"There's no value in material goods," Grace said, "if material is infinite. The only good is personal happiness." (p. 297)
Applying this same concept to people (and therefore treating them as things) leads to the villain's claim that not being a "singleton" is sufficient justification for murder, one of their many moral undoings. Interestingly, Singularity's Ring presented a compelling vision of individuality subsuming into a collective form of consciousness as a positive adaptation; those excluded from the gestalt pods were also referred to as "singletons." If we realize that John and his counterpart Prime have to work together to overcome the novel's main crises (even those they themselves have caused), we can establish at least an implicit thematic continuity between both works, which argue that individuals who collaborate as part of a greater unit benefit from the experience while still retaining their unique characteristics.
Melko unabashedly tells a story of Adventure in which guile, as well as faith in the power of science, save the day. In fact, this becomes one of the novel's more charming motifs, alluding to the innocence of SF stories from the Golden Age in which an engineer with soldering tools, given enough patience and determination, could unravel the secrets of an alien civilization. Consider,
"One more mystery of the device fell before the word of science.
"'Science!' he cried, and as he was in the lab, not a single person looked up in surprise." (p. 185)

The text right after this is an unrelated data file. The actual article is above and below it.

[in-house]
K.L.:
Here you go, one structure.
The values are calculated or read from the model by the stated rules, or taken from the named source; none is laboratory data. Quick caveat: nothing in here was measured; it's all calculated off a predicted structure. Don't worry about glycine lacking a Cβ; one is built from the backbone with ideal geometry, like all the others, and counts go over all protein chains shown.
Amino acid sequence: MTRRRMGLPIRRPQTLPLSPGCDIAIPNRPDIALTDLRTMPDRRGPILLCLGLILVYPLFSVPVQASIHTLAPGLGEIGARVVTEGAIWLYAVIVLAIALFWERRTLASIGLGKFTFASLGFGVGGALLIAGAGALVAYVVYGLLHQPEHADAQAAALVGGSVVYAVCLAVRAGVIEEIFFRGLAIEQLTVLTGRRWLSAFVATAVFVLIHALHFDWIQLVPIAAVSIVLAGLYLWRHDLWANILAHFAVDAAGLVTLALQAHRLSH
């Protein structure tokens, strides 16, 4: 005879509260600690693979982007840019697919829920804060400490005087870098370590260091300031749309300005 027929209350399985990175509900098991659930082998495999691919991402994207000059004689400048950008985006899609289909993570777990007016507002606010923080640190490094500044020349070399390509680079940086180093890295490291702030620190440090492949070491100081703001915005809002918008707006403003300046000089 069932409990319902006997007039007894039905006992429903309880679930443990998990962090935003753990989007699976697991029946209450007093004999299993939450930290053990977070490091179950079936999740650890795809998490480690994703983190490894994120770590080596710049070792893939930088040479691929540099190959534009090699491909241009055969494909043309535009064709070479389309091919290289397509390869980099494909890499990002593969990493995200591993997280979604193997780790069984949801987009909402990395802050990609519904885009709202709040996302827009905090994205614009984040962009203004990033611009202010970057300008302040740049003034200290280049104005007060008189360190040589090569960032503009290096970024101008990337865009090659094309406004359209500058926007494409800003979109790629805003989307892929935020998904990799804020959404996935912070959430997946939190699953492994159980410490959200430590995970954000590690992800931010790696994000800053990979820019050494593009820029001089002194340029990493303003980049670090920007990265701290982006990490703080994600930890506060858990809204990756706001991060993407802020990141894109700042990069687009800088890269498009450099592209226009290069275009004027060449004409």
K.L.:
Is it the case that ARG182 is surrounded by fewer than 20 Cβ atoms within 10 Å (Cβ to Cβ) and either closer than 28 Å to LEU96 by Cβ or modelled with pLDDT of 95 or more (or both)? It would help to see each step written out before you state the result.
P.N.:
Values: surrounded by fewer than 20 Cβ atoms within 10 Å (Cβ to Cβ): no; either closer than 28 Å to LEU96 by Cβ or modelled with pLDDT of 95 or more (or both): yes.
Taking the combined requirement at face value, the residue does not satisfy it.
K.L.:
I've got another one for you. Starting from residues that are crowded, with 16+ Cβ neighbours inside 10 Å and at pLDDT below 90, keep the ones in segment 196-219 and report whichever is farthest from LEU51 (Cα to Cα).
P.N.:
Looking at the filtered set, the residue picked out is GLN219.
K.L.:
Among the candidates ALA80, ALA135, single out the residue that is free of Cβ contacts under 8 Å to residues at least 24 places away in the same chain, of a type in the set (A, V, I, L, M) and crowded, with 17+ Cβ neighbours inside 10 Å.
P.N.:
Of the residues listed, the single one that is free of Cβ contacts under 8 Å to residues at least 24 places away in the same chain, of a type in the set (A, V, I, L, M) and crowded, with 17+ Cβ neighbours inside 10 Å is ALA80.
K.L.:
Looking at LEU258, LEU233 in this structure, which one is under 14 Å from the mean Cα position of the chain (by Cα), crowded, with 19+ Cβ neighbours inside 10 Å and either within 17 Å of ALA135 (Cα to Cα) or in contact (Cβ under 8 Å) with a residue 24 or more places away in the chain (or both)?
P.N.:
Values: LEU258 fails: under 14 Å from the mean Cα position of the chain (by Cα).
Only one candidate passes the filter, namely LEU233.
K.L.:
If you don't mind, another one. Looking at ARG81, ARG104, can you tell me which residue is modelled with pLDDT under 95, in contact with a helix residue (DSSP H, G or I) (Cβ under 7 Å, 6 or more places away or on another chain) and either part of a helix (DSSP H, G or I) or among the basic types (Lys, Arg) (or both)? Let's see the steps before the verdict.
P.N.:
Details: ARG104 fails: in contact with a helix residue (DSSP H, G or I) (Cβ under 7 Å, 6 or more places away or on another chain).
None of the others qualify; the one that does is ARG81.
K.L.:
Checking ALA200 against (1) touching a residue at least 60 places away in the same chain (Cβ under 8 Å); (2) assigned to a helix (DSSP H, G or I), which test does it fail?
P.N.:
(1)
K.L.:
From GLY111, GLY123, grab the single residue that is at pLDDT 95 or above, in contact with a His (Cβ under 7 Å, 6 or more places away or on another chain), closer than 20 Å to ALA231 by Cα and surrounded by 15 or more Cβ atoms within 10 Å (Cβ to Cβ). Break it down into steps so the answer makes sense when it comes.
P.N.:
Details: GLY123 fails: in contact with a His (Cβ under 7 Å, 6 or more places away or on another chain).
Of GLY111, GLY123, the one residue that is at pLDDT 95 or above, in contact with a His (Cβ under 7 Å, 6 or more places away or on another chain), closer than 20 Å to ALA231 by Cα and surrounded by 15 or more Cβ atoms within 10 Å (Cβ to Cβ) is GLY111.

In the context of Melko's tone and narrative strategy this sentiment plays as endearing rather than naïve or sarcastic; it seems borne out of admiration rather than cynicism. There are also several references to science-fiction stories, highlighting that this story is a knowing tribute to prior works. It's also an irredeemably optimistic tale, but considering the scarcity of such among modern-day SF novels, that's not entirely unwelcome.
Gary K. Wolfe, reviewing this novel in the January 2009 issue of Locus, writes that it is "as compelling as it is unchallenging, and exactly the sort of thing you can hand to a non-SF reader with confidence." Readers may indeed find that a story can be compelling without being challenging, though for me personally one tends to go with the other. Melko's narrative does keep the pages turning, but the experience is not satisfying on an aesthetic level. I would hesitate to recommend this to an SF novice because of the craft issues I've pointed out. If I were looking to pass on a novel to a non-SF reader that deals with a young person who has an interest in physics and comes across a device that allows jumps (in this case in time), I would recommend Joe Haldeman's The Accidental Time Machine (2007). It is better-written and, come to think of it, also has a machine that only works in the forward direction. For an SF-savvy reader, though, looking for old-fashioned, adolescent derring-do (and those qualifications may define a smaller subset of readers than I would have hoped for in the case of Melko's second novel), The Walls of the Universe will provide a worthwhile trip.
Alvaro Zinos-Amaro grew up in Europe, mostly, and despite the advice of his betters he was crazy enough to earn a BS in Theoretical Physics and study creative writing. His fiction has appeared in Atomjack Magazine, Labyrinth Inhabitant Magazine and Farrago's Wainscot. Alvaro's reviews of speculative fiction and poetry appear regularly at The Fix , and critical reviews and essays have also appeared in Fruitless Recursion and the Internet Review of Science Fiction. Visit him at his blog, Waiting for My Aineko.